Despite the carefully constructed seasons of the past, the Phillies have been all over the place success-wise in the last 10 years (see table below). Going young might not be as sustainable for them as it has been for the Braves, Nationals, or Cardinals, not unless someone on the roster emerges as the next Craig Kimbrel or Drew Storen, but the accidental success of this season's bullpen is just another reminder that success is really dependent on a number of factors, and pedigree is only one of them.



Rank in NL by FRA


































The biggest challenge in Phillies' bullpen construction this offseason will be figuring out which pitchers are ready to start the season on the big-league roster since so many auditioned yet have a small sample size in the majors. Josh Lindbolm, Antonio Bastardo, Jeremy Horst, and Phillippe Aumont seem like a lock for roster spots, but it's a toss up for guys like Justin De Fratus, Jake Diekman, Joe Savery, Michael Schwimer, and other prospects who will all fight for spots in the spring. There's still a chance that the Phillies decide it's important to sign one more veteran, particularly for the set-up role, but that's going to cost money; perhaps the Qualls-implosion of this season will serve as a cautionary tale that nothing is certain when it comes to relievers.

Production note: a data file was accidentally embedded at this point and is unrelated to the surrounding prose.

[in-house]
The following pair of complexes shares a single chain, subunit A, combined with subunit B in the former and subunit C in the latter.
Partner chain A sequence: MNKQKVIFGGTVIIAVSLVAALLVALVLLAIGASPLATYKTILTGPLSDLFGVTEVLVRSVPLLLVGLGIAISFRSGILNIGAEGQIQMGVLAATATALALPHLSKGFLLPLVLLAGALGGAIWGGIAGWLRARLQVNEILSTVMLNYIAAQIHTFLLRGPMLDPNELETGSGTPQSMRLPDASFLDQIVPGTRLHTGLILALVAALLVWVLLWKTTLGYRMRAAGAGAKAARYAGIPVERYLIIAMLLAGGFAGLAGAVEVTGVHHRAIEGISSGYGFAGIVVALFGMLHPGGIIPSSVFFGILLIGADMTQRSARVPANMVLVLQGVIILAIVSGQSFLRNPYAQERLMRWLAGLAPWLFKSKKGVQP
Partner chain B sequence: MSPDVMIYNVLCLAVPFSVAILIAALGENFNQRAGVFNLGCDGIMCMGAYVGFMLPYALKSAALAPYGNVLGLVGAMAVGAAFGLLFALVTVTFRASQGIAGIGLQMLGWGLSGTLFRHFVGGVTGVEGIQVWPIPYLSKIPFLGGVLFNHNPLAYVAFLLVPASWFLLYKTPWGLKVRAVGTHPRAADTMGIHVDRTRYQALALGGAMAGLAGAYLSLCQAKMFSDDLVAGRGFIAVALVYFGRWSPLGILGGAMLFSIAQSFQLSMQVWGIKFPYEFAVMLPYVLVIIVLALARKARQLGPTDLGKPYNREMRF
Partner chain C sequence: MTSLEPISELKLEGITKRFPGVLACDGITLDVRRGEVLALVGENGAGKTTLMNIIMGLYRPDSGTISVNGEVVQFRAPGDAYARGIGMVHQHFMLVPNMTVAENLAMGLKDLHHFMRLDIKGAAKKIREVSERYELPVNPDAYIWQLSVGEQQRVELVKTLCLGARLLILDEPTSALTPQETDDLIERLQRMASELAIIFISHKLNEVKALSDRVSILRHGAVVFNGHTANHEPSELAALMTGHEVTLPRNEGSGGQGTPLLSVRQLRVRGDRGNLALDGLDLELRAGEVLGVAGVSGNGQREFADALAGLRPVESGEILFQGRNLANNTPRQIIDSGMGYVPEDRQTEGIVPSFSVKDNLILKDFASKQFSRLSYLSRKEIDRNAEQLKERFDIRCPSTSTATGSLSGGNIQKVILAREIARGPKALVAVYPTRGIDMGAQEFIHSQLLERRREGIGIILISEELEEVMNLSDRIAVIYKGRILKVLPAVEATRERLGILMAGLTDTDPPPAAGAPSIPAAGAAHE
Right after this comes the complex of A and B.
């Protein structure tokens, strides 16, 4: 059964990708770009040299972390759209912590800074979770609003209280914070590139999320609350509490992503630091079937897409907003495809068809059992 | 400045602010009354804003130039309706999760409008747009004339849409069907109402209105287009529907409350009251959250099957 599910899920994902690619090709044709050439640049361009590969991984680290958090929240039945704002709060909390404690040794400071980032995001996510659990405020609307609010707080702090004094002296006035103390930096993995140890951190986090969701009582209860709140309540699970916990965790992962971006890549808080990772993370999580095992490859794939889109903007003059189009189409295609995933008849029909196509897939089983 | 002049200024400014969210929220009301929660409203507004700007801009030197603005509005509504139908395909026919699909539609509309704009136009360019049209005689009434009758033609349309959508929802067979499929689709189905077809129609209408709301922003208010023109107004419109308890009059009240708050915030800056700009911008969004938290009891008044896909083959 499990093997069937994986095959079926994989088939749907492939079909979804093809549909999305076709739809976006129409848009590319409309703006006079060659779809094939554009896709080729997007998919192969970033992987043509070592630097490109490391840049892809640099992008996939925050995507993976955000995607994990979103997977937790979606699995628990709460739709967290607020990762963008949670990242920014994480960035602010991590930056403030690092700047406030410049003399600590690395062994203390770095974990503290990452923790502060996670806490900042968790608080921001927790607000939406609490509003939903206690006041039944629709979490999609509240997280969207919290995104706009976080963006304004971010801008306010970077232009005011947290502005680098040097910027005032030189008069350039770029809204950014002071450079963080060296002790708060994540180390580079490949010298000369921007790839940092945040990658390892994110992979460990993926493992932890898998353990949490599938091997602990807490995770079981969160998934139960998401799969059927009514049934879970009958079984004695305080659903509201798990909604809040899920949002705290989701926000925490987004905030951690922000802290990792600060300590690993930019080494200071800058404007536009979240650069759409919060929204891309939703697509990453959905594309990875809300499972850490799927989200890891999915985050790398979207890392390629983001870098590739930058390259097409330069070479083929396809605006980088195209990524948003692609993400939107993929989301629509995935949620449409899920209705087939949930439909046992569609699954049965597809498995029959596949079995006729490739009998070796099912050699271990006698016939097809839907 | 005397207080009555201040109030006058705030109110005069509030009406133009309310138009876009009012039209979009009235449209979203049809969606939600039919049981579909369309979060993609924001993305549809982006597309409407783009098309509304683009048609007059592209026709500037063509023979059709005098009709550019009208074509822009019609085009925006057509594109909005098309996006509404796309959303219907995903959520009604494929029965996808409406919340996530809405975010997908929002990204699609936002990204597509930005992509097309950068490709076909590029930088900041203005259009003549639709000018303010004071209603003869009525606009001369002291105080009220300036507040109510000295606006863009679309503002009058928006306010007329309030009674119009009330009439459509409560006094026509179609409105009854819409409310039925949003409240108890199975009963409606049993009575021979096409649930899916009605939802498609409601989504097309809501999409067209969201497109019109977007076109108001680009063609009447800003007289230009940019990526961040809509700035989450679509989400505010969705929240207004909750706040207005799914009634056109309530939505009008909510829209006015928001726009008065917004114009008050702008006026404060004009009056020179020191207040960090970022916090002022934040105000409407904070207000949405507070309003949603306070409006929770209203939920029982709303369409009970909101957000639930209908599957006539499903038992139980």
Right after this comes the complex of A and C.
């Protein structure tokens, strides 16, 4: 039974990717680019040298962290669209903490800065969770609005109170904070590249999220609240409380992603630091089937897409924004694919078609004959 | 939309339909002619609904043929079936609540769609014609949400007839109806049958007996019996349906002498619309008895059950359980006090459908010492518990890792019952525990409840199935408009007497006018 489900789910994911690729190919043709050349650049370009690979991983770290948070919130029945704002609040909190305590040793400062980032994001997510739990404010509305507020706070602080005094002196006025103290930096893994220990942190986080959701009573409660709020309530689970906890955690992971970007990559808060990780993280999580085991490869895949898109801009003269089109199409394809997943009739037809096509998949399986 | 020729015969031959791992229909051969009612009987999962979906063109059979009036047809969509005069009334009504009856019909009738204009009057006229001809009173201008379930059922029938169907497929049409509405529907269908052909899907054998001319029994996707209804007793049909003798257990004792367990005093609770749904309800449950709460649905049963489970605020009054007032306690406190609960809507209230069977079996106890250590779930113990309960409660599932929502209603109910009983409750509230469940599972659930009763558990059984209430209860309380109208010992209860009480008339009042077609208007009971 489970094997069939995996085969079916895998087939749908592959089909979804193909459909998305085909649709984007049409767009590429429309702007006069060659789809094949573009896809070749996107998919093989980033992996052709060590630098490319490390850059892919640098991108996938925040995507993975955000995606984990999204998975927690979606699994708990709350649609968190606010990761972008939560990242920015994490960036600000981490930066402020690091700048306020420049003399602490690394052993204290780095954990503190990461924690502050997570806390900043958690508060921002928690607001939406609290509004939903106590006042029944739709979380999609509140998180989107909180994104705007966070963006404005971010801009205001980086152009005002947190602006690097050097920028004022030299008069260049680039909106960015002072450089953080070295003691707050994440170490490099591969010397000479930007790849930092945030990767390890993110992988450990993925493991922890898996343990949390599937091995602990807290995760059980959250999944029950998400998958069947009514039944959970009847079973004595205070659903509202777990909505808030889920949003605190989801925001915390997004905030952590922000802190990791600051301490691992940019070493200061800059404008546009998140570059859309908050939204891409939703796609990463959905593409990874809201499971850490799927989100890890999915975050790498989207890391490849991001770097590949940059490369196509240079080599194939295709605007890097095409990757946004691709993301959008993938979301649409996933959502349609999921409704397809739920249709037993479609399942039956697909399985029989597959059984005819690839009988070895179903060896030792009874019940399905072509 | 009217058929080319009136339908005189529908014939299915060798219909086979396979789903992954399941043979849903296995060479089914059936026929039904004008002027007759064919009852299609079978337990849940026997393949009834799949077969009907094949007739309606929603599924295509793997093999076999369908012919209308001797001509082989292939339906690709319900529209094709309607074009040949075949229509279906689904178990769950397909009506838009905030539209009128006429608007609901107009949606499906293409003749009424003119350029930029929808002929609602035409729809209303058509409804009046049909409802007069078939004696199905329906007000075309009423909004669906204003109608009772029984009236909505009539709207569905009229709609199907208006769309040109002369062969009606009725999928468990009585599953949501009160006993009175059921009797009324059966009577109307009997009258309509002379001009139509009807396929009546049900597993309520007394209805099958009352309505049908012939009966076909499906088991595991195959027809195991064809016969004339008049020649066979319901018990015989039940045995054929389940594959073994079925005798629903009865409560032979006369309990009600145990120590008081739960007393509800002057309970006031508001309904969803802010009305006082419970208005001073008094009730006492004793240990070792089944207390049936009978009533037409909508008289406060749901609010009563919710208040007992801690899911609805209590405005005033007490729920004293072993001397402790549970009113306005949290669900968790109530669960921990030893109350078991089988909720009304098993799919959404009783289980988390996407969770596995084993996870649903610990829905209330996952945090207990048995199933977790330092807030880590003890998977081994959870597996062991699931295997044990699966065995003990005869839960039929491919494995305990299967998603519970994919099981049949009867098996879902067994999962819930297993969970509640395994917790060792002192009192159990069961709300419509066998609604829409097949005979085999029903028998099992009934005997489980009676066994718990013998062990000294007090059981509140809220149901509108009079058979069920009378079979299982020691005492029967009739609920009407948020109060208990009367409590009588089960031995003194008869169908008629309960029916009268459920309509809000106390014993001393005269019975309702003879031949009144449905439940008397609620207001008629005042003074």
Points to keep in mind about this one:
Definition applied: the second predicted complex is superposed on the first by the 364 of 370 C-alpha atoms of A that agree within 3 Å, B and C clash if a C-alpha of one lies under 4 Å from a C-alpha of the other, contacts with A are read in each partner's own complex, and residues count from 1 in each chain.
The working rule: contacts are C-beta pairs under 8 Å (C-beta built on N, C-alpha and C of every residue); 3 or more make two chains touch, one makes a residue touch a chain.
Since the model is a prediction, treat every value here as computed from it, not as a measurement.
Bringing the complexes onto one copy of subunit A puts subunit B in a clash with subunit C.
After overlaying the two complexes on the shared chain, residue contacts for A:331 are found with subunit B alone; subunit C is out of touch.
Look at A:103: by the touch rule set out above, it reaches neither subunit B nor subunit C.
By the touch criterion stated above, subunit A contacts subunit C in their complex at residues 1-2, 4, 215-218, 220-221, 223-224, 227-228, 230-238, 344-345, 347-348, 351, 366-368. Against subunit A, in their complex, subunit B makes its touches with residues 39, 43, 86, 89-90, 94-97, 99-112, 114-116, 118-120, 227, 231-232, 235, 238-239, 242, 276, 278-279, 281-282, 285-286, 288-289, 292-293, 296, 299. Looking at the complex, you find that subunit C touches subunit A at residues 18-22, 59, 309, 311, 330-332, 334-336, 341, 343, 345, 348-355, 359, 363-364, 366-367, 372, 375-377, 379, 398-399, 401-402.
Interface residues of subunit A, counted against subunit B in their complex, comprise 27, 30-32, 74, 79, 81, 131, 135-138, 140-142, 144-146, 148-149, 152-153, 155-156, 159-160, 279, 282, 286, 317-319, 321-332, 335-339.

Bottom line, reliever money is almost always money that's better spent elsewhere and teams continue to prove that each season as they squeak into the playoffs with homegrown talent. While we're still several years away from rendering all overpaid-veteran relievers extinct, we're certainly getting closer as teams like the Phillies get smarter -- even if they hadn't planned it that way.

Cee Angi is one of SBN's Designated Columnists, one of the minds behind the Platoon Advantage, and the author of Baseball-Prose. Follow her at @CeeAngi.